GO
Loading...

Lawsuits

More

  • How Feds Use Snitches to Uncover Tax Fraud Thursday, 10 Feb 2011 | 9:41 AM ET

    Two men, including a Wall Street veteran and a Minnesota trader who went undercover, explain how they worked with the IRS and FBI to expose tax fraud.

  • How Four Men Got Rich Exposing Pharma Fraud Thursday, 10 Feb 2011 | 7:07 AM ET

    This is the story of the most successful—and least known—whistleblower operation of all time.  Four men who have made a vast fortune blowing the whistle on the drug industry, forcing Big Pharma to pay the federal government over a billion dollars in settlements.

  • Do You Witness Fraud? Wednesday, 9 Feb 2011 | 4:58 PM ET
  • UBS Whistleblower Finds Himself in Federal Prison Wednesday, 9 Feb 2011 | 8:09 AM ET

    Bradley Birkenfeld once lived the high life as secret Swiss banker at UBS in Geneva. Then he delivered some of the world’s best-kept secrets to the US government, expecting a great reward. And now he sits in federal prison in Pennsylvania.

  • Cheryl Eckard became the largest individual whistleblower award recipient ever, hauling in a $96 million bounty as her reward for providing information to the government about manufacturing problems at GlaxoSmithKline.

  • Have You Considered Blowing the Whistle? Wednesday, 9 Feb 2011 | 7:54 AM ET

    Have you ever been tempted to blow the whistle on something suspicious you've witnesses in the workplace? Take our poll and share your opinion.

  • Jeffrey Skilling

    The U.S. Bureau of Prisons has denied a request by former Enron CEO Jeffrey Skilling for a temporary release from prison to attend his son's funeral, CNBC has learned. No reason was given for the denial.

  • Using Greed—and Lots of Cash—to Fight Greed Tuesday, 8 Feb 2011 | 5:44 PM ET

    Forget what you think you know about lone whistleblowers taking on giant corporations all by themselves. These days, there's a cottage industry to support—and profit from—whistleblowing.

  • Wall Street Whistleblowers Ready to Cash In Tuesday, 8 Feb 2011 | 2:04 PM ET

    When President Barack Obama signed the Dodd-Frank Wall Street reform act into law last summer, very few in the financial industry knew that the bill included a massive change in the way whistleblowing law works in this country.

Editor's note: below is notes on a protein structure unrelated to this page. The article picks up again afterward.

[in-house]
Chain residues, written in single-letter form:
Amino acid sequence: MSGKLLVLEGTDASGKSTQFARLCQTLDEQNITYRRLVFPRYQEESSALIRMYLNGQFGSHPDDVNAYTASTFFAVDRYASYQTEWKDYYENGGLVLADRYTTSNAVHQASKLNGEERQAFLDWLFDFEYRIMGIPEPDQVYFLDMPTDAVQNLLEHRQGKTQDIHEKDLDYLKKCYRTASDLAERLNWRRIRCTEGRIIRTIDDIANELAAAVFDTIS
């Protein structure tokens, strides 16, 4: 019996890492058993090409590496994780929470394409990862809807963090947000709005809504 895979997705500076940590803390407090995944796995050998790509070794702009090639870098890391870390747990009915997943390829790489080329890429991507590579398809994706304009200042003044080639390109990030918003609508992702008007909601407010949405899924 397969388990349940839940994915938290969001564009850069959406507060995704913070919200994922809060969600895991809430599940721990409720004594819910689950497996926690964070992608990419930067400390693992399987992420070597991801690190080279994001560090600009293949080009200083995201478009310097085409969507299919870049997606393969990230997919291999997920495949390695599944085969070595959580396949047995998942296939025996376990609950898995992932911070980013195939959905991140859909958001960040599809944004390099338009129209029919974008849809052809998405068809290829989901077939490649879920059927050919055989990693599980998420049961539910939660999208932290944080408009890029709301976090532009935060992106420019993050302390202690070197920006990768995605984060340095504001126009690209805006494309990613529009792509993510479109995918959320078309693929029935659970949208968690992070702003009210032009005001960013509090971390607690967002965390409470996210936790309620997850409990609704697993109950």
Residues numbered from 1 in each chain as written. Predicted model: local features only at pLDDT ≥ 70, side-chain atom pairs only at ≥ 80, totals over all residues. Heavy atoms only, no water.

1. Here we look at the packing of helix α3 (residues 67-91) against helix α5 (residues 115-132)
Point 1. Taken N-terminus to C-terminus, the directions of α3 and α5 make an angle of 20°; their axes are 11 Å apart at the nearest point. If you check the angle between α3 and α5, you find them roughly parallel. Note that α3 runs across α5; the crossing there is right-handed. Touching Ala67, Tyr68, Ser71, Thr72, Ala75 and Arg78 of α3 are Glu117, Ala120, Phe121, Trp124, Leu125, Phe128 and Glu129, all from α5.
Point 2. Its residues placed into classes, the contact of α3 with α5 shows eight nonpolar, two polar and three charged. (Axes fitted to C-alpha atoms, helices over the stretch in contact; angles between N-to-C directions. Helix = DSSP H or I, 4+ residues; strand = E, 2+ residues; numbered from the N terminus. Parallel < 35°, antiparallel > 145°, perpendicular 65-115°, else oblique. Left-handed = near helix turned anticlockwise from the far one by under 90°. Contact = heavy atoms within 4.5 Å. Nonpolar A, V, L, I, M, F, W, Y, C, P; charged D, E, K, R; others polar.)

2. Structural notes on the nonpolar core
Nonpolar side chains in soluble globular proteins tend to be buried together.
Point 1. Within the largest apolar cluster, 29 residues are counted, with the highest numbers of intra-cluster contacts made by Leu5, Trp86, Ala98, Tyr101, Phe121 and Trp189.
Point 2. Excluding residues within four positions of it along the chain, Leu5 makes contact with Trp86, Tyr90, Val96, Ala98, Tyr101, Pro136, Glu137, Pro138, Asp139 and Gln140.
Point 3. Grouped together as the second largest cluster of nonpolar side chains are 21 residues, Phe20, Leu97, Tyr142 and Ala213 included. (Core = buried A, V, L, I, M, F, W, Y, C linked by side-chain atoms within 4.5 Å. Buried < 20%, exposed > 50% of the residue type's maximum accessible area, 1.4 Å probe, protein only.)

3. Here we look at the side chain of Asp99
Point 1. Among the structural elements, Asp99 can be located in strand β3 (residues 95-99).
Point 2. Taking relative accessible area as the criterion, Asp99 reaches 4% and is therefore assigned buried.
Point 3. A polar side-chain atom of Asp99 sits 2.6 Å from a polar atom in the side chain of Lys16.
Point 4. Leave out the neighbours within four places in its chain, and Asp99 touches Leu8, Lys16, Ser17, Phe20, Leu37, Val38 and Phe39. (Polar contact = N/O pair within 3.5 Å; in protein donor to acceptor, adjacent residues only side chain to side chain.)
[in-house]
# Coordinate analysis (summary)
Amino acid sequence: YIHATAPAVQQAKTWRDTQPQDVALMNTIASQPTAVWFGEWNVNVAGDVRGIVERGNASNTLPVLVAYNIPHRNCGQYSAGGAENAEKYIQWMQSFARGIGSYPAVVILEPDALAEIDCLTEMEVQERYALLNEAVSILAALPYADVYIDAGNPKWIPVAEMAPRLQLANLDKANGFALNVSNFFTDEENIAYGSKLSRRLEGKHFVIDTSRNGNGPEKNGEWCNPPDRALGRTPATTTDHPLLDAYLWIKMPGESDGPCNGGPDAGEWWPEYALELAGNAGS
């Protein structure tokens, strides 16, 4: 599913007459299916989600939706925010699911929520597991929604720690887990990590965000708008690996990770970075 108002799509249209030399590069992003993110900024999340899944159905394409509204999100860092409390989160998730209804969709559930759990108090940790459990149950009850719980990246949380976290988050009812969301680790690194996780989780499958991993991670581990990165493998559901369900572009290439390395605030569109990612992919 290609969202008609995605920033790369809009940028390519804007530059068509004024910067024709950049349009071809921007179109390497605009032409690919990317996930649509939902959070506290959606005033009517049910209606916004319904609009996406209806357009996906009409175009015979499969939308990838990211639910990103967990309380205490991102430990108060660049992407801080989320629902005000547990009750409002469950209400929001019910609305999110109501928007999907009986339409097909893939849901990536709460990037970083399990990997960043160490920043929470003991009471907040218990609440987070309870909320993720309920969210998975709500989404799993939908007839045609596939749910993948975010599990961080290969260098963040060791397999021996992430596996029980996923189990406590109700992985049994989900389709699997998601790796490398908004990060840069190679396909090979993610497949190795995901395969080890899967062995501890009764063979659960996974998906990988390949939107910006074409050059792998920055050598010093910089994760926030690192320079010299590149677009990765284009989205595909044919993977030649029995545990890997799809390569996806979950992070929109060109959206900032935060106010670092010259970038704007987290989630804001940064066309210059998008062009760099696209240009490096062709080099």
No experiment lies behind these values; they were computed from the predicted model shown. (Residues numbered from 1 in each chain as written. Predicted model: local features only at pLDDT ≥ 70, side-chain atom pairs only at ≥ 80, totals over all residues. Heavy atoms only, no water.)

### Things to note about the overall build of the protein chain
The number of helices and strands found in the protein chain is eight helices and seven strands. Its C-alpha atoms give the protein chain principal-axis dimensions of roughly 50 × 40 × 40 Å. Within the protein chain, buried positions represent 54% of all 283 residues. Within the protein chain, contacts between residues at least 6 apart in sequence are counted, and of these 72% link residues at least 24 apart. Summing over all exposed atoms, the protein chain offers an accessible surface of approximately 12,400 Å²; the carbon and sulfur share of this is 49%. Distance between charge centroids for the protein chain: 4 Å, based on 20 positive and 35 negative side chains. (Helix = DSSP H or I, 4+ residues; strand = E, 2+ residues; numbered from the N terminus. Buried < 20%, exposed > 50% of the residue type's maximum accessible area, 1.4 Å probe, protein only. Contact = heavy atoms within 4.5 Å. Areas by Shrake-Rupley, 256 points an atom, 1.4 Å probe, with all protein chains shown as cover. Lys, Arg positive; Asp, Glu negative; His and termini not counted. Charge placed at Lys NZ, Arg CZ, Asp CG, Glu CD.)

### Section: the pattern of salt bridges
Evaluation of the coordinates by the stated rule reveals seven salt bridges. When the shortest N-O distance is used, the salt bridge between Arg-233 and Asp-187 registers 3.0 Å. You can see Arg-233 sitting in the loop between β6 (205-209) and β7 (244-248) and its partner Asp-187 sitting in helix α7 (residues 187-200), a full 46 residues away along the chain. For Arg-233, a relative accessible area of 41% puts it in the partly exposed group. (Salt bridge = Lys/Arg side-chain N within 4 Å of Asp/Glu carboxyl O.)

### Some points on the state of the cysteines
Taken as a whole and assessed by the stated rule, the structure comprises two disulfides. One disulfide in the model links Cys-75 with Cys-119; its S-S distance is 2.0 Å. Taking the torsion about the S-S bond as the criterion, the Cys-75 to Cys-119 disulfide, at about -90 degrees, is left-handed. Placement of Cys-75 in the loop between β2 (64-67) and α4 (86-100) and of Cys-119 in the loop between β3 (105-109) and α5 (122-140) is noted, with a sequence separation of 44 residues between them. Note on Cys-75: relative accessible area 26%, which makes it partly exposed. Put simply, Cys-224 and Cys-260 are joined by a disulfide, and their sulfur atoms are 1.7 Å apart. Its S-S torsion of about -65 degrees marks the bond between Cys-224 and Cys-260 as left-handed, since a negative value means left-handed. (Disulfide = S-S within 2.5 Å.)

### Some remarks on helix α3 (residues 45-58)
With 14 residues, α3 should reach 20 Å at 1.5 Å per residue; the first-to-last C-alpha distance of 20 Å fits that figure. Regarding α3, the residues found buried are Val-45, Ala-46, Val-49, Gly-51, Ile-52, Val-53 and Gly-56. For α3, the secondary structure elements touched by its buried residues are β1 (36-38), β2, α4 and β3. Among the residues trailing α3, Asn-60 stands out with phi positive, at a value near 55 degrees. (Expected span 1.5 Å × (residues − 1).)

• Would You Expose Fraud for Cash? Tuesday, 8 Feb 2011 | 9:00 AM ET

    That promise of cash is providing a new incentive for employees to reveal wrongdoing in their companies. What would you do?

  • Dropping A Dime for Millions Tuesday, 8 Feb 2011 | 8:44 AM ET

    Wall Street is suddenly paying attention to the culture of whistleblowing, because the new Dodd-Frank financial reform law, for the first time, extends whistleblower provisions to Wall Street, meaning employees who expose fraud and wrongdoing stand to collect between 10 and 30 percent of the amount recovered by the government.

  • Exposing Fraud and Corruption in Drug Industry Tuesday, 8 Feb 2011 | 6:42 AM ET

    Taking a look at the biggest fraud cases of all time, and you're left with just one question: What's wrong with the pharmaceutical industry?

  • Taco Bell Fights Back on Beef Lawsuit With Ad Push Friday, 28 Jan 2011 | 9:34 AM ET
    Family having Taco Bell

    Taco Bell is launching an advertising campaign Friday to fight back against a lawsuit charging its taco filling isn't beef.

  • Rahm Emanuel Can't Run for Chicago Mayor: Court Monday, 24 Jan 2011 | 1:51 PM ET
    White House Chief of Staff Rahm Emanuel

    An Illinois Appeals Court ruled Monday that former White House chief of staff Rahm Emanuel's name can't appear on the ballot for Chicago mayor because he didn't live in the city in the year before the election.

  • Mortgage Giants Leave Legal Bills to the Taxpayers Monday, 24 Jan 2011 | 11:06 AM ET

    Since the government took over Fannie Mae and Freddie Mac, taxpayers have spent more than $160 million defending the mortgage finance companies and their former top executives in civil lawsuits accusing them of fraud. The New York Times reports.

  • Call of Duty Black Ops

    The war of words between Activision-Blizzard and Electronic Arts has moved to a new plateau. Activision has added the rival publisher to its $400 countersuit against the creators of the “Call of Duty” franchise.

  • Remington Model 700 rifle

    The manufacturer of the most popular hunting rifle in the world has been aware of potential safety problems with the gun since before it went on the market—60 years ago.  Newly uncovered documents, including memos and drawings by the gun’s inventor, show company officials discussing the potential problem, as well as whether a design change is worth “the high expenditure required to make the conversion.”

  • States Warned of $2 Trillion Pensions Shortfall Tuesday, 18 Jan 2011 | 4:51 AM ET

    US public pensions face a shortfall of $2,500 billion that will force state and local governments to sell assets and make deep cuts to services, according to the former chairman of New Jersey’s pension fund, reports the Financial Times.

  • ACA Sues Goldman Sachs Over Abacus Deal Thursday, 6 Jan 2011 | 5:14 PM ET
    The Goldman Sachs booth on the floor of the New York Stock Exchange

    ACA Financial Guaranty Corporation is suing Goldman Sachs over the deal that gave rise to fraud charges from the Securities and Exchange Commission last year.

  • Hearing Set on Stanford Bid to Delay Trial Thursday, 30 Dec 2010 | 6:02 PM ET

    The judge in the upcoming criminal trial of accused Ponzi schemer Allen Stanford has set a hearing for next Thursday on Stanford's motion to delay the trial, which is scheduled to begin January 24.